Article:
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Nutrition and food safety are interdependent components of public health and concern everybody, food security remains a serious challenge for many households in Africa and beyond. It has been evident that poor nutrition can lead to reduced immunity, impaired physical and mental development, and reduced productivity. Food security is the condition in which all have access to sufficient food to live healthy and productive lives (World Bank 1986). Food security is dependent on agricultural production, food imports and donations, employment opportunities and income earnings, intra-household decision-making, resource allocation, health care utilization, and caring practices. This essay is aimed at briefly discussing the factors that contribute to improving household food security.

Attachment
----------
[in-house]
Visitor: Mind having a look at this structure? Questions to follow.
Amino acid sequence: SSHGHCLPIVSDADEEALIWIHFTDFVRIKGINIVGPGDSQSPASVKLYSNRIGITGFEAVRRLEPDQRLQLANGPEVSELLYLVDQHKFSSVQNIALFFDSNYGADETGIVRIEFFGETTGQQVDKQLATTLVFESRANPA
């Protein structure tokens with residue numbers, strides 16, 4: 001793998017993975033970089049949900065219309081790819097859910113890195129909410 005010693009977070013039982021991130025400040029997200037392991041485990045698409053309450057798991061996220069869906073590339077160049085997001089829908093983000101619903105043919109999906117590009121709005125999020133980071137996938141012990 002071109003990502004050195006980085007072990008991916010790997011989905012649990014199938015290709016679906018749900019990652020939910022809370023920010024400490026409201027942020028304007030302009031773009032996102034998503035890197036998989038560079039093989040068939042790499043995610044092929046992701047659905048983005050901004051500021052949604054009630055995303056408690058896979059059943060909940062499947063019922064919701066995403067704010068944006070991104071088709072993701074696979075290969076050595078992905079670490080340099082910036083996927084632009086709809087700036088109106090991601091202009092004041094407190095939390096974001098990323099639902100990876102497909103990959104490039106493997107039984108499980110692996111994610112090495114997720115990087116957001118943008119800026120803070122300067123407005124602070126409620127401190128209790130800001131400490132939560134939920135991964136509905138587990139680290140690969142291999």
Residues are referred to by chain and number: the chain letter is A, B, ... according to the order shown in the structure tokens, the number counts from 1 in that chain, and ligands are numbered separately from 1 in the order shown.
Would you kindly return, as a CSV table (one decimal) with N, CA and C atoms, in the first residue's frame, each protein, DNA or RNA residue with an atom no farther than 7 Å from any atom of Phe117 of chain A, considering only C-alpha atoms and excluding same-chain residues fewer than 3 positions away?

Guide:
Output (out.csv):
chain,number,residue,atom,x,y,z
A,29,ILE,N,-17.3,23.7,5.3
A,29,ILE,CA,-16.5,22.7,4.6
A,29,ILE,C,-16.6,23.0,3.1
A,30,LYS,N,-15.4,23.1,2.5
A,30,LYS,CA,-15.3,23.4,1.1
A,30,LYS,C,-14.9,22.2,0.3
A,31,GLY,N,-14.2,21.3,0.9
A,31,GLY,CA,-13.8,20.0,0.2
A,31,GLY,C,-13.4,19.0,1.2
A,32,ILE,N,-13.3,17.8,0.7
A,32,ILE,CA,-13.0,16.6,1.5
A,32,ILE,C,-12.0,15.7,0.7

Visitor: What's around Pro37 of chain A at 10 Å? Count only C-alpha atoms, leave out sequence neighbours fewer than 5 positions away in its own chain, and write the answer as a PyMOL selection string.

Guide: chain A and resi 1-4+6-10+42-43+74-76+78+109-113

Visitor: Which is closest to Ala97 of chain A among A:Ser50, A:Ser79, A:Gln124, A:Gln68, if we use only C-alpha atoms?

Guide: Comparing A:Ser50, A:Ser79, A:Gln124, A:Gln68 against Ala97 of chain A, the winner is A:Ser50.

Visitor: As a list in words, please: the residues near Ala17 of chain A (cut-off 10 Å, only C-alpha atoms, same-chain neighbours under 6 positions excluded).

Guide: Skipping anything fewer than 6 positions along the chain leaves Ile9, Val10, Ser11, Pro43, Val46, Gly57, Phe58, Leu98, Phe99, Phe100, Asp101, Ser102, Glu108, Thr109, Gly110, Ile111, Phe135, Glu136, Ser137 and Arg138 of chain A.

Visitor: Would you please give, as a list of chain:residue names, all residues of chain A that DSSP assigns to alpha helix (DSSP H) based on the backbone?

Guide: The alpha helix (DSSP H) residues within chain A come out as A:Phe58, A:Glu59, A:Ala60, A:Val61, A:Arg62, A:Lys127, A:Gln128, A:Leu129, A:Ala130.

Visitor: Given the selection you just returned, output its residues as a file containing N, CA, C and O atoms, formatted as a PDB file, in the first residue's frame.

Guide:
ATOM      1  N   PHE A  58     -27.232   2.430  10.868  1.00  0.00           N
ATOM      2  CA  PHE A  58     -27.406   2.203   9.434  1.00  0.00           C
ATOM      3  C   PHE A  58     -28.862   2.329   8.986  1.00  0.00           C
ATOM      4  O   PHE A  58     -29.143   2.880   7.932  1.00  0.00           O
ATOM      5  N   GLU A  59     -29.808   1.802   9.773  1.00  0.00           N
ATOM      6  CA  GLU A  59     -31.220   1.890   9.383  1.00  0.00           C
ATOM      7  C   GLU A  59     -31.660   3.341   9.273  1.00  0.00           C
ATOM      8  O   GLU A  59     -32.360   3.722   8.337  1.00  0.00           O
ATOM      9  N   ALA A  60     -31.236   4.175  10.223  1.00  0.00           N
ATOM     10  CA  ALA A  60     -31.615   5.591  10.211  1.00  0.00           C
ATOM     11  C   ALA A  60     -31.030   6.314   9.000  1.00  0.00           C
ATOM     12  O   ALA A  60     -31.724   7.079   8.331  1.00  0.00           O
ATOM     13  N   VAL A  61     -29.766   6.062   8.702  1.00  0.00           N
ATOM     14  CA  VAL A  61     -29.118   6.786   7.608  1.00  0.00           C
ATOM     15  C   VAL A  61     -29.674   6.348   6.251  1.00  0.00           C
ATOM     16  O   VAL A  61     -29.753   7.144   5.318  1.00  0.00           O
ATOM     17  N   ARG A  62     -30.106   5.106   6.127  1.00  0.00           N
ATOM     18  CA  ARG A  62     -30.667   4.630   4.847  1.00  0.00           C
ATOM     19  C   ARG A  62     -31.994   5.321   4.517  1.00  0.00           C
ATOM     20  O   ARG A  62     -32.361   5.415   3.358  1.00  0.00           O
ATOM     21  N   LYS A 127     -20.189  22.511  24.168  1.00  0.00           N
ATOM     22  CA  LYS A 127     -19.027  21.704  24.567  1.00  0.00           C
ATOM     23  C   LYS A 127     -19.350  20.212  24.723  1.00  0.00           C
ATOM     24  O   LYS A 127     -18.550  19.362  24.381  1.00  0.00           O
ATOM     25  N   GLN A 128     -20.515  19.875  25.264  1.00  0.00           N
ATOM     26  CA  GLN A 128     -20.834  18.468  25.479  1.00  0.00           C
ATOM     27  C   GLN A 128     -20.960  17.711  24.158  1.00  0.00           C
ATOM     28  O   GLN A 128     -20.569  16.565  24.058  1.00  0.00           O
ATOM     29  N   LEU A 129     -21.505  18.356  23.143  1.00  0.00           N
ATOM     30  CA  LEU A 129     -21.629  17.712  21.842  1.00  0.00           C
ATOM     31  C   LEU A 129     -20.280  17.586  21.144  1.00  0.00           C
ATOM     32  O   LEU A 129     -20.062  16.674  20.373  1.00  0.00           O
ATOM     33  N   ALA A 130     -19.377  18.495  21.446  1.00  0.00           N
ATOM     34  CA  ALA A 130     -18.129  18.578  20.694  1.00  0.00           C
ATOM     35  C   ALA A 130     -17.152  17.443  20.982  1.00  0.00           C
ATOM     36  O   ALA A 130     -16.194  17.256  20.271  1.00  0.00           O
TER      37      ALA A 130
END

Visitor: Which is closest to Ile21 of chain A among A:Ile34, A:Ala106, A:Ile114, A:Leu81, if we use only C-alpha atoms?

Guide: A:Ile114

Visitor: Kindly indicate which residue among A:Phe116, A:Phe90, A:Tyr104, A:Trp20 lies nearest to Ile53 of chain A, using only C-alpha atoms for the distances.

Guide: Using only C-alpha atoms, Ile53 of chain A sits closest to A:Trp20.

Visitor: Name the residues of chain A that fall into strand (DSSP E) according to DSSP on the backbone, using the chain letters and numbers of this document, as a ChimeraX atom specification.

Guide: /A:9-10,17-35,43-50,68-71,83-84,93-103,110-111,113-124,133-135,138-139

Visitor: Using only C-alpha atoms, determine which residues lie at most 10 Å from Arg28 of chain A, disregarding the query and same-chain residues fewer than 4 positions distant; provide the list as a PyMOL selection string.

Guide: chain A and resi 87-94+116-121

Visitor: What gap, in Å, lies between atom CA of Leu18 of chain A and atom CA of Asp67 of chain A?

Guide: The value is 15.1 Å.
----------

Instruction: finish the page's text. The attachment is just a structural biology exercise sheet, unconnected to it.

The right to an adequate standard of living, including food, is recognized in the Universal Declaration of Human Rights. Food security should be a fundamental objective of development policy as well as a measure of its success. Household food insecurity affects a wide cross-section of the population in both rural and urban areas. The food-insecure socio-economic groups may include farmers, many of them women, with limited access to natural resources and inputs; landless laborers; rural artisans; temporary workers; homeless people; the elderly; refugees and displaced persons; immigrants; indigenous people; 9 small scale fishermen and forest dwellers; pastoralists; female-headed households; unemployed or underemployed people; isolated rural communities; and the urban poor. Increasing the productivity and incomes of these diverse groups requires adopting multiple policy instruments and striking a balance between short-term and long-term benefits. The choice of policies must be attuned to the characteristics of a country’s food security problem, the nature of the food-insecure population, resource availability, and infrastructural and institutional capabilities at all levels of government and communities. Breastfeeding is the most secure means of assuring the food security of infants and should be promoted and protected through appropriate policies and programs.